Internet availability Bane or boon?
With the advent of information and communication technology it has become easier for professionals to enrich their knowledge-base. In the past couple of years alone, the number of internet users in Nepal has increased 500 per cent. As broadband and cable connections have gradually replaced the dial-up system, students and teachers have been able to glean information more effectively than in the past. As students are found to be more frequent internet users, they often are in the position to outsmart lousy teachers.
Internet has helped students to cull knowledge from a vast pool of information that teachers cannot be expected to remember. However, it is a pity that many universities in Nepal have not been able to provide internet facilities to their students. The schools and colleges which do provide internet facilities are more likely to be at the forefront in terms of quality education. Though some educational establishments have introduced internet facilities, use of internet is yet to become a common practice in most schools and colleges in Nepal.
Internet users in Nepal mostly belong to the young generation. Internet cafés teeming with youngsters have become a common sight in urban areas. If one assesses the use of internet in cyber cafes, it is mostly for frivolous activities such as playing games and chatting
that occupy most of the youngsters. Very few of them have a serious purpose
behind their internet cafe visits. This is because the teachers never encourage their students to use the internet to enrich their knowledge base. Nevertheless, internet users browsing the net for knowledge seem to be gradually on the rise. University teachers, consultants, trainers, researchers and students use the internet to gather information and knowledge which is not readily available elsewhere.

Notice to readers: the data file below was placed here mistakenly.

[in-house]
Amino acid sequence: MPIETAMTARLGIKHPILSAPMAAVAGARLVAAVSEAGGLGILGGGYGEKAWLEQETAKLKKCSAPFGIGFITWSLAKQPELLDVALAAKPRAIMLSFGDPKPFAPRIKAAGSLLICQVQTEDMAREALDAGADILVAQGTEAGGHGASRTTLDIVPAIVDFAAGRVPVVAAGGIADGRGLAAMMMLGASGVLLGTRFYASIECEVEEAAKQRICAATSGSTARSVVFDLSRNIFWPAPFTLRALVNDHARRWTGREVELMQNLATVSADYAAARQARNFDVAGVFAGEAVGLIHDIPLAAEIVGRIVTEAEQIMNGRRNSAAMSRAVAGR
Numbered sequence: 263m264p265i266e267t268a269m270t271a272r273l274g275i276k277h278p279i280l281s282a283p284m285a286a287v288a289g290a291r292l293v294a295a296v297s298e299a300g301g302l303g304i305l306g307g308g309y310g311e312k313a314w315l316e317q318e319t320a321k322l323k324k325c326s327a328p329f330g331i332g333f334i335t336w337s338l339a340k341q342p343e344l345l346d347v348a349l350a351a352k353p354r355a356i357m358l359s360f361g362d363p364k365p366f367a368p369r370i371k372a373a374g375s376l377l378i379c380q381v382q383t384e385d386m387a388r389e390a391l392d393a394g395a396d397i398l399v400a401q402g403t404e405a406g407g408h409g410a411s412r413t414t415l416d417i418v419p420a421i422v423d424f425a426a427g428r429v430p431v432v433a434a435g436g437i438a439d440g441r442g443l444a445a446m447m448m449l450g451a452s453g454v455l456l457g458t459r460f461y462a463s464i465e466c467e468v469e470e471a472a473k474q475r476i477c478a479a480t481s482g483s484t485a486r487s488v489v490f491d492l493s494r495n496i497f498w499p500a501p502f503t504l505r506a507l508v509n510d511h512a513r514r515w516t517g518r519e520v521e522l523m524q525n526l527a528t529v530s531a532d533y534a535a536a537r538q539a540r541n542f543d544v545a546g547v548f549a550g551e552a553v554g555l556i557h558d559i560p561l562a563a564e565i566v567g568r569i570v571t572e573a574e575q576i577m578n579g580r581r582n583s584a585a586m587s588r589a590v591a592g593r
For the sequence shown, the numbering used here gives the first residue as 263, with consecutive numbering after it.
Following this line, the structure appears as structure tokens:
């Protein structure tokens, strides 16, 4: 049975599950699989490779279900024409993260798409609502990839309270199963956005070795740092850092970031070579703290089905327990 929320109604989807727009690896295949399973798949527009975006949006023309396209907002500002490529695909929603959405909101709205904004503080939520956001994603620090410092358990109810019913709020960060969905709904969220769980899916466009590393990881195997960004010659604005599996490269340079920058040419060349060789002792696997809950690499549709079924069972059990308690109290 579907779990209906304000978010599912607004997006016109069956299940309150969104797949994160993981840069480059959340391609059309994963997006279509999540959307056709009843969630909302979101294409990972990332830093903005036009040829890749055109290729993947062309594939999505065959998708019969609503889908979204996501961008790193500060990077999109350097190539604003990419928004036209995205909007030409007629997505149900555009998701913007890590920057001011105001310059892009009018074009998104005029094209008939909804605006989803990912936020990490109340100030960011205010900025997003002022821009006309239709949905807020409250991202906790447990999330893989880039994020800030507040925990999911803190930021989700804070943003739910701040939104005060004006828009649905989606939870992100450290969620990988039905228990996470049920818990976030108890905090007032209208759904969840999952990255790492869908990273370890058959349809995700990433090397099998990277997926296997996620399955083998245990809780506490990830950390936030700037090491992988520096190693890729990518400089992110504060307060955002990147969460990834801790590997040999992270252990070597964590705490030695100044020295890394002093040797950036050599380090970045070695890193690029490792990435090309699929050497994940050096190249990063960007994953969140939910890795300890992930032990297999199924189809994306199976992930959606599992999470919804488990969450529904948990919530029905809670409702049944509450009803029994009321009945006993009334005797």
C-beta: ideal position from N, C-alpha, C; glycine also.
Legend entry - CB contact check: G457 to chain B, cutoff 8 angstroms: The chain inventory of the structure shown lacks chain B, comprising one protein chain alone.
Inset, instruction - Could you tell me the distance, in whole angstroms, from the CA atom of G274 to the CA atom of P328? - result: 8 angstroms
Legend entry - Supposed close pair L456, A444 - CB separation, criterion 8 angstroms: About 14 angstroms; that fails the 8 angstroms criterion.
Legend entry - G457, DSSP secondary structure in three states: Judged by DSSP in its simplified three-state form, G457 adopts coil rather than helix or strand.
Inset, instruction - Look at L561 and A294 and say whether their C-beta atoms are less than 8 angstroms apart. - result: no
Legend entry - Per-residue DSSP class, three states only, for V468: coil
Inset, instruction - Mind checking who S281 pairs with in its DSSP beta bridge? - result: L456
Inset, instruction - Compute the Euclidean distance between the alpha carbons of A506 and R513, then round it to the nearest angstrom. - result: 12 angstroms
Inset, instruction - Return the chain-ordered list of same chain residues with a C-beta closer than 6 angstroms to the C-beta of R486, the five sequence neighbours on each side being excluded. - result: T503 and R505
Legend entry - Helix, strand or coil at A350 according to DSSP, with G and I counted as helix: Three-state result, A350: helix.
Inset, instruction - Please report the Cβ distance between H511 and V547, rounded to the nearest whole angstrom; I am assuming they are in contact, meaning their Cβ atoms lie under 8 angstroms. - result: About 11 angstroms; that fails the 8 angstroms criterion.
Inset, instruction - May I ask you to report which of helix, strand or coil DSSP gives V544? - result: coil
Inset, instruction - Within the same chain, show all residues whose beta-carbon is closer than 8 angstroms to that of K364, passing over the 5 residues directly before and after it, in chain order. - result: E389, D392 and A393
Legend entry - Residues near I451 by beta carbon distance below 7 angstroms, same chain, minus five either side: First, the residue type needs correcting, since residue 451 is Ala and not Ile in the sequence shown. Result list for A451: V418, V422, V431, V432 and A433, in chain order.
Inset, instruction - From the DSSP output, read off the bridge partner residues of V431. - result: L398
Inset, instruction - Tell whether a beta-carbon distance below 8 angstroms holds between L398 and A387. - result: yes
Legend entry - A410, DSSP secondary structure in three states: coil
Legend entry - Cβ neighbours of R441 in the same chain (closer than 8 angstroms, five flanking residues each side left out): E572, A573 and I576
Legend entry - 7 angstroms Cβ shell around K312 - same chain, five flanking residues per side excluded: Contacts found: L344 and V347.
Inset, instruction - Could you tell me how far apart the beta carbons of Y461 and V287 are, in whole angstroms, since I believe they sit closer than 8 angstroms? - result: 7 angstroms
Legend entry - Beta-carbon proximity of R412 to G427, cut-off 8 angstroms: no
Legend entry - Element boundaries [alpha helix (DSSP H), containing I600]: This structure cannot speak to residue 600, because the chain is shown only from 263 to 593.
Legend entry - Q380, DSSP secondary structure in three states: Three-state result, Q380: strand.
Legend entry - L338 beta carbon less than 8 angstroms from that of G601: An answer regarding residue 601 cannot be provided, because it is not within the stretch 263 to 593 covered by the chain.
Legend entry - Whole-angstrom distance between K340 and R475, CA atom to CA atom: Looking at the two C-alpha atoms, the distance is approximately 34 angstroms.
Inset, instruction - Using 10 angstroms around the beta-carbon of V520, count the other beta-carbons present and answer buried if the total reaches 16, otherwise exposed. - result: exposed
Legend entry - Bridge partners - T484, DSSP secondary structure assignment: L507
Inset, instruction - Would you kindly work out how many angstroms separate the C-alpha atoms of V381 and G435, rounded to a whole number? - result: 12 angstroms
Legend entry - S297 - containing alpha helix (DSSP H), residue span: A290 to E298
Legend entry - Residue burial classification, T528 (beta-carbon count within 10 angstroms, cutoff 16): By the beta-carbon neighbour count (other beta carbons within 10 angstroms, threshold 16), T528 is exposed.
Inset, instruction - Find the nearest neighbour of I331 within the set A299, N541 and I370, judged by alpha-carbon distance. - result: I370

Internet has made it possible for people to download material of interest from
different sources. However, while internet has facilitated the availability of information it has also promoted plagiarism. Nepali students are commonly found copying contents for their assignments directly from the internet. Similar is the case with training centres where trainers use the downloaded material as if it were their own creation. One can easily spot plagiarism
in the articles published in several journals of Nepali academia. The researchers
and consultants use pages of downloaded material without any reference to the sources. This is an utter disrespect of one’s professional ethics. Even PhD, MPhil and M.ED theses submitted by students have contents directly lifted from the net.
This unpleasant practice will not only produce a new breed of pseudo- intellectuals but will adversely affect the entire educational system. Professionals everywhere are recognised for their professional ability and expertise rather than how deft they are at plagiarising the work of others. When professionals plagiarise web materials, they not only stifle their own ability to innovate but also lose their professional credibility. Plagiarism does not enhance our ability and expertise but turns us into useless bunch of degree-holders. It might help us to get academic degrees, but in the long run, it ensures our failure as professionals.
Let us take the example of textbook writers in Nepal. With some exceptions, one can find the contents of most books copied from other sources. Similarly, the booksellers are commonly found to compile downloaded materials and sell it to students. Tuition and coaching centres are no exceptions.
The amount of plagiarism at higher levels of education paints a very grim picture of our educational system.
Maybe, the practice of plagiarism is common practice elsewhere too but goes under the radar. But there is plenty of evidence in our own country when students have got an ‘F’ for plagiarism at the MPhil level. If we can discourage such practice and teach students the right way of using information on the web, they are likely to guide others to do the same. Only then can we have a moral claim over our academic accomplishments. It is true that knowledge once disseminated becomes public; however, we should learn to give credit to its originators. Stealing knowledge without revealing the sources and pretending it to be one’s own is no lesser a felony than any other form of crime.
Internet has opened countless doors of opportunity for our intellectual enhancement, but sadly, also created plenty of room for plagiarism. We should teach youngsters to use the information available on the web by crediting the proper sources and to put it to the best use. For this, we must learn to respect others for their knowledge and use it in a way that also enhances our creativity. Internet makes it possible for us to gather information and knowledge of import. However, using other’s knowledge without making any constructive effort ourselves will only ruin our own ability to create and learn.
Dr. Wagley is an educationist